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Mercy: The Cure for Judging Others

Back in 2010 Ted Williams, the homeless man with the golden voice, became an instant YouTube sensation due to his phenomenal radio announcer voice.  He appeared on television shows such as Today and Dr. Phil and was offered a paid-for rehab opportunity, which he left after only 12 days.  This is the last I have heard of Ted Williams, leaving me somber over the sad tragedy of addiction which drew him back in, and the loss of the radio job he was to begin.

I was musing on this the other day with someone.  I said that it broke my heart and that I always wondered what happened to Ted.  It was such an inspirational story, and I always loved his eyes and smile and presence. I love stories of human triumph and I had high hopes, along with the rest of the nation, for Mr. Williams.

My partner in conversation felt completely different and somewhat shocked me, stating that she had a hard time feeling sorry for people like that, meaning people who are given a chance only to blow it once, twice, or repeatedly.  It seemed to not matter how many times.  The ultimate verdict in her eyes was that he got what he deserved.  It was his fault he chose to return to his addiction, his fault he lost the once-in-a-lifetime chance he was given through his instant new-found fame.

Perhaps you notice that I said I was only “somewhat shocked.” This is because I am, for some reason, highly attuned to judgmental attitudes.  I pick up on judgment like a hound dog, sniffing it out in the slightest of comments that people make.  However, most people aren’t slight about their judging of others at all.  They seem to think there is nothing wrong with criticizing the flaws of others, and unfortunately backing it up with religion or the Bible.

Yes, sadly the Bible is a weapon in the hands of many who call themselves Christians.  I’m not just talking about the obvious kind of judgmental professed Christian who get labeled as hypocrites.  I’m talking about happy, smiling, high-on-Jesus professed Christians.  Or the very devoted church going professed Christians, like my partner in conversation who disdained this man’s mishandling of grace.

Judgment is so grossly prevalent in people of all walks of life.  If you’re paying attention, you’ll see that it literally oozes out of people’s mouths.  It taints their tone of voice even when they water their words down to appear less harsh and severe towards others. I see it as a deep sickness in the psyche of all of humanity.  I see it so much that very ironically, the hardest people for me not to judge are those who do judge.  Crazy twist, huh?

So what is the solution to this spiritual problem of judging others? Some people might think grace is the answer, and I do believe it can be an answer.  However grace is giving others what they don’t deserve.  It is gifting the person with goodness unearned.  To me, mercy is the more fitting answer.  Mercy is the withholding of punishment or consequences that are rightfully deserved.  It gives nothing, save for a pardon. It is letting people off the hook and not giving them the judgment their actions may naturally or morally call for.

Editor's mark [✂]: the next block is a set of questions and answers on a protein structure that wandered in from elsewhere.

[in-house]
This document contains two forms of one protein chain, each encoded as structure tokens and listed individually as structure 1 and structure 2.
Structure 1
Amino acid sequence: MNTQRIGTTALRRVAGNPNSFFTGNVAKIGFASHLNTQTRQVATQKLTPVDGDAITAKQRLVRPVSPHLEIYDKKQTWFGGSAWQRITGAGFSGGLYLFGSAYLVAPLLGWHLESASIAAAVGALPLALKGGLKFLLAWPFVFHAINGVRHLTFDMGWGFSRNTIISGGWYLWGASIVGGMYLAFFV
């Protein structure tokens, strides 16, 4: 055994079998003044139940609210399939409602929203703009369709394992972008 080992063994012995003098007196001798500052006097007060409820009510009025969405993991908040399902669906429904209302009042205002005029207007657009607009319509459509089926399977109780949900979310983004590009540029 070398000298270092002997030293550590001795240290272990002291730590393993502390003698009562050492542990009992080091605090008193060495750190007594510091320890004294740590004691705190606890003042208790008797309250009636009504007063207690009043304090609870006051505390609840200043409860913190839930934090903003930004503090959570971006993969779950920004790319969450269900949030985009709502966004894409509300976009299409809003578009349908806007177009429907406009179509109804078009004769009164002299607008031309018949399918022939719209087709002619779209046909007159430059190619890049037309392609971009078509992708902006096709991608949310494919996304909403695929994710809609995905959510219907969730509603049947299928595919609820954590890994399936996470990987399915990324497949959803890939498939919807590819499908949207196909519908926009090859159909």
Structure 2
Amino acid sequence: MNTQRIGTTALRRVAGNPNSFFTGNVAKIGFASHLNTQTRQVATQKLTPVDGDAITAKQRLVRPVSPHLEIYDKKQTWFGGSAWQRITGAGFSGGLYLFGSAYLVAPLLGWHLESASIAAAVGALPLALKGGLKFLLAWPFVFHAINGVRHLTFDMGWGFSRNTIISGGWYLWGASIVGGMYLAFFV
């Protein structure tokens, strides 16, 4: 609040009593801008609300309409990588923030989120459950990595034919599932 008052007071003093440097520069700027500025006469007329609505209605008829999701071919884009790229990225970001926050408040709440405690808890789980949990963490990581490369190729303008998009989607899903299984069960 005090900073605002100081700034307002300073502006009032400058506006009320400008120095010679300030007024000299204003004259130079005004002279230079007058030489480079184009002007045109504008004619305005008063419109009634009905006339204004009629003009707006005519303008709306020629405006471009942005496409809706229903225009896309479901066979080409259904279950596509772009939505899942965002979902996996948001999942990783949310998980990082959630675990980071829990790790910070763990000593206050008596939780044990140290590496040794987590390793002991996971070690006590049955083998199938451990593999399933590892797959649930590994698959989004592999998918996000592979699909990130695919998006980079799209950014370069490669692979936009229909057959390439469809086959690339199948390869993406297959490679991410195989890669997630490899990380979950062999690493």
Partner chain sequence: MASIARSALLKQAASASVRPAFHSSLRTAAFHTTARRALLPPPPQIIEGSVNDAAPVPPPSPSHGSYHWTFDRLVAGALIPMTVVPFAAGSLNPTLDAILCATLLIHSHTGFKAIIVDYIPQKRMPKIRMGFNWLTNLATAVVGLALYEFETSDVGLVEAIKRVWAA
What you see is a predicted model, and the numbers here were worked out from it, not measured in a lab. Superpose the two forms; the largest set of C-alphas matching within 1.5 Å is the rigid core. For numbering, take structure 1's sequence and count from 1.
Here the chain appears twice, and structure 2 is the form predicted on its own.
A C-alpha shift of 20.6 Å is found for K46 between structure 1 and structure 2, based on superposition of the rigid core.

I love mercy and grace both.  To me they are two sides of one coin, two hands of the same body.  I love stories of redemption, grace and mercy. Ted William’s story was one of grace.  He was discovered through that YouTube video, and as a result people wanted to give to him.  They gave him grace, they gave him things he didn’t earn on his own.  It was free and unmerited. But the minute he fell from grace, he fell out of the media, out of the public eye, and into the merciless attitudes of the many.

I have searched for information on Ted to see if there is anything new reported on what became of him.  The most recent date I find is May 2012, where he is reported to have written a book called The Golden Voice: How Faith, Hard Work, and Humility Brought Me from the Streets to Salvation. He started a project aimed at supporting homeless people and shelters, is a public speaker on the issue of homelessness, and lives and works in Boston.

Why haven’t these positive things been reported? Is it because people gave up after Ted forfeited his once in a lifetime chance? As if one chance were all he was allotted? And why is there nothing more about him on the internet or his website past May of 2012? Did Ted fall into old patterns again? Or do people want to cheer only when the cheering is popular, only when the redemption is extravagant, and only when the redeemed individual stays the course, minding his p’s and q’s?

I plan to get Ted’s book. I’d love to hear his story.  I’d love to see more of him, whether he’s transgressed, regressed, oppressed, or successed.  He is dearly loved by God, who is the only rightful Judge, yet who extends both grace and mercy not just once, but countless times, lavishly, ridiculously.  It is water to my soul to receive mercy and grace. It is nourishment in the deepest places to likewise see others experience mercy and grace.

Humanity is a caked and dried earth, crusted and brittle.  Hardened hearts unaccustomed to receiving mercy subsequently give its opposite of judgment.  The only way to break the cycle and heal this common sickness is to let mercy heal us first, to let our own selves off the hook and embrace God’s withholding of consequence and punishment. In the tendering of our own hearts by mercy, we will then feel softer, think kinder, and act more mercifully towards those who are no better or worse than us.


About Sara Newbury

God. People. Relationships. Community. Thinking. Being. Kindness. Love. Cats. Poetry. Writing. Drums. Piano. Culture. Laughter. Diversity. ~ these would be the tags in the blog of my life.

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